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Bernie Sanders.

U.S. POLITICS

Bernie Sanders Will Be The Democratic Nominee.

No amount of “quality control” will save establishment Democrats.

While don’t yet know the winner of the Iowa caucuses, we do know one thing: what was unthinkable just a few months ago is all but a certainty now. Bernie Sanders (I-VT) will be the Democratic nominee for President.

The pieces are falling into place to allow Bernie to run the Trump 2016 primary playbook, all the way to the Democratic nomination.

And he can thank President Trump for it.

In 2016, then-candidate Trump executed an against-all-odds hostile takeover of the Republican party, in spite of unified opposition from the Republican establishment, a media that treated him as a sideshow, and a large field of well-known and well-funded primary opponents.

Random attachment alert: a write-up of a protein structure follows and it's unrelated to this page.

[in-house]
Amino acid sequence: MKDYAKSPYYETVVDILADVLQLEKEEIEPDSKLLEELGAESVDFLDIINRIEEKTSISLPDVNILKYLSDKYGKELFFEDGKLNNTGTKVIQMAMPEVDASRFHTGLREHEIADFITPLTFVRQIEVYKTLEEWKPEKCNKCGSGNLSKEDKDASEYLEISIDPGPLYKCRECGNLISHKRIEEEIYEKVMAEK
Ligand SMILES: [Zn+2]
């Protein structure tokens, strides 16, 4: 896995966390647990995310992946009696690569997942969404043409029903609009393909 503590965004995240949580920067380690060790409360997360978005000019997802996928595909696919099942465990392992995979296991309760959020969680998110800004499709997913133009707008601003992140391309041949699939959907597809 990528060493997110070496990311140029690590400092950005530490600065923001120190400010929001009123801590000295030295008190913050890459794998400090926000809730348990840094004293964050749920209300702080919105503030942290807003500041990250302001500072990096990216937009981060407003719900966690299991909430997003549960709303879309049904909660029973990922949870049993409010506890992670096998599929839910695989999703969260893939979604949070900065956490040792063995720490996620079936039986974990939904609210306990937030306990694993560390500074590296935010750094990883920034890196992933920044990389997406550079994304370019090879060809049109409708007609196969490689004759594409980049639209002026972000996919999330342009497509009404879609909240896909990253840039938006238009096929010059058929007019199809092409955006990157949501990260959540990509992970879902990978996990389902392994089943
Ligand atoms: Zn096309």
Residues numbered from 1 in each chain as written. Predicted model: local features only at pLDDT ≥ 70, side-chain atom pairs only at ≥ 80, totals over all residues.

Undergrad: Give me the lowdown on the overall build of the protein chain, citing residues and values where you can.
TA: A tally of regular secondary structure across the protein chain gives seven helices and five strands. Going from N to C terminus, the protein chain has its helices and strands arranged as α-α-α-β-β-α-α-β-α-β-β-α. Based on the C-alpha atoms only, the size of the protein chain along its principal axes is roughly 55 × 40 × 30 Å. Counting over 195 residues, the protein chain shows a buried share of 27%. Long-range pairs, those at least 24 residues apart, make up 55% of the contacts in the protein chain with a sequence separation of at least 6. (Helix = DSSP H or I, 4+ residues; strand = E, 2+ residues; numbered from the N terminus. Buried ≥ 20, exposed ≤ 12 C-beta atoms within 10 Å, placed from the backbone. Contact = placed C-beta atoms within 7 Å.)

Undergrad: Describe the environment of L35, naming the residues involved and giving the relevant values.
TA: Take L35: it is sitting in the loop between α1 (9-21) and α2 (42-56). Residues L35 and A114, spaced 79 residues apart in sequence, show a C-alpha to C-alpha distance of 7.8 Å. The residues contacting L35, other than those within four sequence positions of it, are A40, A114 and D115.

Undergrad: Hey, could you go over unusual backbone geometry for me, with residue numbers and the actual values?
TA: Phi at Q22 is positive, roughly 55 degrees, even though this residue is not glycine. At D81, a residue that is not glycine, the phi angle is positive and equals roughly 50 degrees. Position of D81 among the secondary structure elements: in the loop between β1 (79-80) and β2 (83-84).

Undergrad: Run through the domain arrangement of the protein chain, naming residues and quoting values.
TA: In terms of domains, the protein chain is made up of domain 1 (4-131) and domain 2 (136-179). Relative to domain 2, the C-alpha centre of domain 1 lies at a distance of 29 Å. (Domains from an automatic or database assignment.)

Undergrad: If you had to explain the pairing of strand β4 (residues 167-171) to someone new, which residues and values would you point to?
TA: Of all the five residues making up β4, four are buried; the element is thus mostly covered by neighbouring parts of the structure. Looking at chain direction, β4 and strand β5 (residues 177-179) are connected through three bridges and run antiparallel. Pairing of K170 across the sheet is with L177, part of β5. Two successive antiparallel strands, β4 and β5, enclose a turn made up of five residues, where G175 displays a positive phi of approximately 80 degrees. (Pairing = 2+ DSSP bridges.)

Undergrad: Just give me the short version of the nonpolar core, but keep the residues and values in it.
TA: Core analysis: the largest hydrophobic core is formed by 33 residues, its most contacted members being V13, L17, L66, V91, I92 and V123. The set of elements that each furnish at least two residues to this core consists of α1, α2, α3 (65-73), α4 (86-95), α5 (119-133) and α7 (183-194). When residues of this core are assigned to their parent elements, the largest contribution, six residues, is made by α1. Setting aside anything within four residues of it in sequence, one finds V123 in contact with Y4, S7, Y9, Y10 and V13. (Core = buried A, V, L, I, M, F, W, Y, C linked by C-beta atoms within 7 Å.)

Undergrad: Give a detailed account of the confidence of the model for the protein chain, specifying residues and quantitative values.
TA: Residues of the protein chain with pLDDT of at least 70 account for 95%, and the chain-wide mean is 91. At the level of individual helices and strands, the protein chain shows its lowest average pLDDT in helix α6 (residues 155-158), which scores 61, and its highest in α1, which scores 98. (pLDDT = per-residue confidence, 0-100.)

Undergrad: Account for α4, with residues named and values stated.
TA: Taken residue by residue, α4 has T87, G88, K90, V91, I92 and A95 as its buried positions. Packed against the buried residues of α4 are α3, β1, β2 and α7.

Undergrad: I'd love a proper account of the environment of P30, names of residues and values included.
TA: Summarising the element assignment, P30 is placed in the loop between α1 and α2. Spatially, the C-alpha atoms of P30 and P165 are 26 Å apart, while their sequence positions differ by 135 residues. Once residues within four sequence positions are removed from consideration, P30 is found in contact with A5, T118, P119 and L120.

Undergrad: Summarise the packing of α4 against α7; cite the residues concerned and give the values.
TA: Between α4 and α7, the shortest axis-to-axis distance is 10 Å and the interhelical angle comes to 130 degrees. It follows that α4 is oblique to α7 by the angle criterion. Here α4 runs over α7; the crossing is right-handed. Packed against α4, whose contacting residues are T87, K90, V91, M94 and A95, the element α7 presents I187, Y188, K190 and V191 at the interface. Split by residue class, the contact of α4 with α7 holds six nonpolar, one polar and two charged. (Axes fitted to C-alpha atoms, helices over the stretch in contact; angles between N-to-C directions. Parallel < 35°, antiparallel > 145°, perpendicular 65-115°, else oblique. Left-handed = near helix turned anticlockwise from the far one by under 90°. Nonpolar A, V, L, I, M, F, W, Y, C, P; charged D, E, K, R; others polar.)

Sound familiar? The pieces are falling into place to allow Bernie to run the Trump 2016 primary playbook, all the way to the Democratic nomination.

President Donald J. Trump and Sen. Bernie Sanders

President Donald J. Trump and Sen. Bernie Sanders.

THE UNCANNY PARALLELS BETWEEN BERNIE SANDERS AND DONALD J. TRUMP

When Donald Trump famously descended the escalator in May of 2015, almost no political pundit or serious political observer (myself included) thought that he would be the nominee. Outside of Ann Coulter, no one thought Trump was an actual contender. He had feigned runs before—including a brief run in 2012 that I was actually a part of. Moreover, he openly held and professed positions that appeared far outside the realm of traditional conservative policy.